Monday, June 8, 2009

Painting Between the Lines

I finished painting the ceiling white between the beams on the rez-de-chaussee today. That's the ground or first floor to us Americans. It is just bare wood planks we have been staring at, the sub-flooring from upstairs, so it didn't reflect much light into the room.

It would have been a simple project if it had just been a normal ceiling. But with 10 katywampus beams to cut along and around, simple easily multiplied. A roller stroke down the middle, then all was up to the brush. I felt like I was back in grade school art class, practicing to draw between the lines. Except this time I didn't get to sit at a desk.

I could just barely reach the ceiling standing on the stepstool. But climbing up and down three steps without support, and paint jar in hand, made me feel like a hire wire act. Maybe diminishing balance is a sure sign of aging. So, I resorted to the big ladder, which created a fiasco moving furniture around and negotiating the ladder into tight spaces.

A few nights before we left Moab for France, we watched "Man on Wire" on DVD. It's the story of Phillipe Petit, the French high wire artist who crossed between the Twin Towers in NYC in 1974---a feat that has been referred to as "le coup". My standing on the step stool and feeling sheepishly uneasy at that height seems ridiculous in comparison, although he did have a 26' long 55# balancing pole. I merely had a paint brush and small can of very fluid paint.

An equally interesting subplot to Phillipe Petit's high wire walk at the WTC was the story behind his illegal entry into the building. On the scale of a major jewel heist, up to the last minute one never knew if Equipe Petit would pull it off. No subplots to my ceiling uplifting, interesting or otherwise. Except if one includes that moving all the furniture resulted in a thorough vacuuming of Fergus products.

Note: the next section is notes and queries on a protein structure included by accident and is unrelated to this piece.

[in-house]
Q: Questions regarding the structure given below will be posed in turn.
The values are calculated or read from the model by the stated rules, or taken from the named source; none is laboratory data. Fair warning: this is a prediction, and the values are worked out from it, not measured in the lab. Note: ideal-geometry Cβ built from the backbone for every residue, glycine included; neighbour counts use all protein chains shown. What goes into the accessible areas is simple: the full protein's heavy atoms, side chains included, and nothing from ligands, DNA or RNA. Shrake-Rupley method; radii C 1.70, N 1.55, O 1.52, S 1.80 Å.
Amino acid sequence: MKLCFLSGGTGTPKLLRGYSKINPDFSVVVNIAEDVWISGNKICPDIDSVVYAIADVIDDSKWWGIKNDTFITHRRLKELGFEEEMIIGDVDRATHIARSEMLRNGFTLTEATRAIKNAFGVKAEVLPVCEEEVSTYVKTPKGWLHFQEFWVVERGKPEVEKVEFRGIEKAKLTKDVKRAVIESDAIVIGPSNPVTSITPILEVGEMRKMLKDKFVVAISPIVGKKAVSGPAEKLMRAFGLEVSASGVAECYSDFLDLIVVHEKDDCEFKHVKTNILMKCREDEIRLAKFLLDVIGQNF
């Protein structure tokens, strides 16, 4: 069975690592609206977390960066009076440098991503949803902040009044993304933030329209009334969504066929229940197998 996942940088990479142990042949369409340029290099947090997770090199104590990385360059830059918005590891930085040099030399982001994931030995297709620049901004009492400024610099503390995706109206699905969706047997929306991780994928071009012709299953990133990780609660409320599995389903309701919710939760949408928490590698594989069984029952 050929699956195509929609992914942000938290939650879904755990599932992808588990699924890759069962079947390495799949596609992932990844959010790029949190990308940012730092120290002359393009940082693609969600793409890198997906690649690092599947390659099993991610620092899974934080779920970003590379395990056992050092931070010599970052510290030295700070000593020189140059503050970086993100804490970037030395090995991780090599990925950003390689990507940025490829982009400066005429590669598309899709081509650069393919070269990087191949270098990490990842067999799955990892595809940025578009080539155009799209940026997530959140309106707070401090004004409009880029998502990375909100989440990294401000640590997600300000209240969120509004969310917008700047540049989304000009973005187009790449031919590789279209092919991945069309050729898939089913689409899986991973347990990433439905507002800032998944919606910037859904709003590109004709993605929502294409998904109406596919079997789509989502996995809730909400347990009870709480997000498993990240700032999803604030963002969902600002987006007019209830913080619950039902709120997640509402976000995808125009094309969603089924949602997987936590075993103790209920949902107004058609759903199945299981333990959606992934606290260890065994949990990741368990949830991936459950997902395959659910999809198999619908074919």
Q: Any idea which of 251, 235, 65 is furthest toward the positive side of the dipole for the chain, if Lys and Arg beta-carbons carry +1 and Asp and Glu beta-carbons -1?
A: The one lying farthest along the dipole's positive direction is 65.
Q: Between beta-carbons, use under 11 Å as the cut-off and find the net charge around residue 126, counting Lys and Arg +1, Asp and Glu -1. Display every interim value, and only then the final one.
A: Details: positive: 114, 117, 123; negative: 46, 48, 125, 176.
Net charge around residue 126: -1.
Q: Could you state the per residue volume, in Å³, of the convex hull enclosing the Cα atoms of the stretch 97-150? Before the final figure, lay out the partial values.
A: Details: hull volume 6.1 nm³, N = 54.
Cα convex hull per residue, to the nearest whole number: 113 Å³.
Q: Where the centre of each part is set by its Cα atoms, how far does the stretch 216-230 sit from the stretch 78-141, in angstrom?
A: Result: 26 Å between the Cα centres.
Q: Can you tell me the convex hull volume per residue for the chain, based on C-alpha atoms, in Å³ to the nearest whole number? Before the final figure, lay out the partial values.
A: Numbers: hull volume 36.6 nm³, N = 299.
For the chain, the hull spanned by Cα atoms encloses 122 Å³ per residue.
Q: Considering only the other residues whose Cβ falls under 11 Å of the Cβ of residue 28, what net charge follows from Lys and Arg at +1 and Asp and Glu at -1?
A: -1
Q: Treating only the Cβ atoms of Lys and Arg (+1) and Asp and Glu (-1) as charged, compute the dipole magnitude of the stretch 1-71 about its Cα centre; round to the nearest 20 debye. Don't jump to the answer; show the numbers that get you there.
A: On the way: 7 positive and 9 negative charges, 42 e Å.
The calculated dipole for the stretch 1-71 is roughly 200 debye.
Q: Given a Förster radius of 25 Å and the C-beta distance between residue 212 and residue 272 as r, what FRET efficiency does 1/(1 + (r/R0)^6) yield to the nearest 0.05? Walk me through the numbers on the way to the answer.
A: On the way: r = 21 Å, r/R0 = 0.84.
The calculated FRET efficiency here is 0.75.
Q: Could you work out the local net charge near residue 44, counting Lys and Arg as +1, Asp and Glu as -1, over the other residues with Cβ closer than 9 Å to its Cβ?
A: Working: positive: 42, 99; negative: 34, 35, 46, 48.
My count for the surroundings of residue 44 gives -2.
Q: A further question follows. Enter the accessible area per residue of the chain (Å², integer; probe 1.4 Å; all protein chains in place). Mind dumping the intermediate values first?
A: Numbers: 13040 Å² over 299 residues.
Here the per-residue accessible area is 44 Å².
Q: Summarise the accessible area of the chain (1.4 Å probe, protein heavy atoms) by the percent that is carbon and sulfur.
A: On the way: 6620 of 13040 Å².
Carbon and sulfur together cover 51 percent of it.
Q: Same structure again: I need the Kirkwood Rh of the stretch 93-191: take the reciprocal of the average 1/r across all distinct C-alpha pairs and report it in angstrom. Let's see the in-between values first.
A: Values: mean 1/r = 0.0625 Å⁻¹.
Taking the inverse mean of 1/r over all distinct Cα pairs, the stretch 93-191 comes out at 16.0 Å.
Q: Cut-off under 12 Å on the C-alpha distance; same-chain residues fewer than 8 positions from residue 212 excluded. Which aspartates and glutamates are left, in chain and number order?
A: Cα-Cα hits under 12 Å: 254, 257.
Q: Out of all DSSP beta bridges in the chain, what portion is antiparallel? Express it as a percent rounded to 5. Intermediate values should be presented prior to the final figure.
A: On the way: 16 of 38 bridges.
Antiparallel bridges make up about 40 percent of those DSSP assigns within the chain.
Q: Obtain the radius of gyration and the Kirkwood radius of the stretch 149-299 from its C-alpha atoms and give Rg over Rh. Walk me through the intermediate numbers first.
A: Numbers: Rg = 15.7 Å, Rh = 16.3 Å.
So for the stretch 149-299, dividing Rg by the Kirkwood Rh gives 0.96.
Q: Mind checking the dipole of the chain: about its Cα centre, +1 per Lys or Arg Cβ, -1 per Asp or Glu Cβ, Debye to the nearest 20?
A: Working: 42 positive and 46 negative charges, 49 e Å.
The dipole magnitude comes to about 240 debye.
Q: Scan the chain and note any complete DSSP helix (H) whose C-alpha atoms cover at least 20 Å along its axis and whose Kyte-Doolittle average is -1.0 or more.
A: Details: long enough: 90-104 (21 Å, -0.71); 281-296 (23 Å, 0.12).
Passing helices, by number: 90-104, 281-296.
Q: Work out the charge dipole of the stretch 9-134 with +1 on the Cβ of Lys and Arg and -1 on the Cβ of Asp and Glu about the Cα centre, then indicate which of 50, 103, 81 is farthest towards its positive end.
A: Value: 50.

Anonymous said...

I saw "Man on Wire" at a local theatre and thought it was FABULOUS! I'm afraid of falling...and getting a view of what he was looking at down on the ground gave my stomach a major case of "butterflies"!

It was so interesting as a personal story of one man's dream...and it was wonderful to me to see the towers in all their newly-built still saddens me terribly that they are gone...and it saddens me more to think of all those lost lives.

I think the movie won an Oscar for documentaries...and it was really deserving.

Also...the ceiling looks great! I'm glad you managed to keep your balance Nancy!

Take care. Luke

Peggy said...

Tony and I watched that movie last night and Tony could hardly sit still watching him parade around between the two buildings and sit down on the wire, etc. Phillippe crossed back and forth eight times before he finally stepped back on the building. I think he was enjoying playing cat and mouse with the police that were waiting on either end. Great movie.

Surely you were using all your concentration, too, Nance, to paint that ceiling.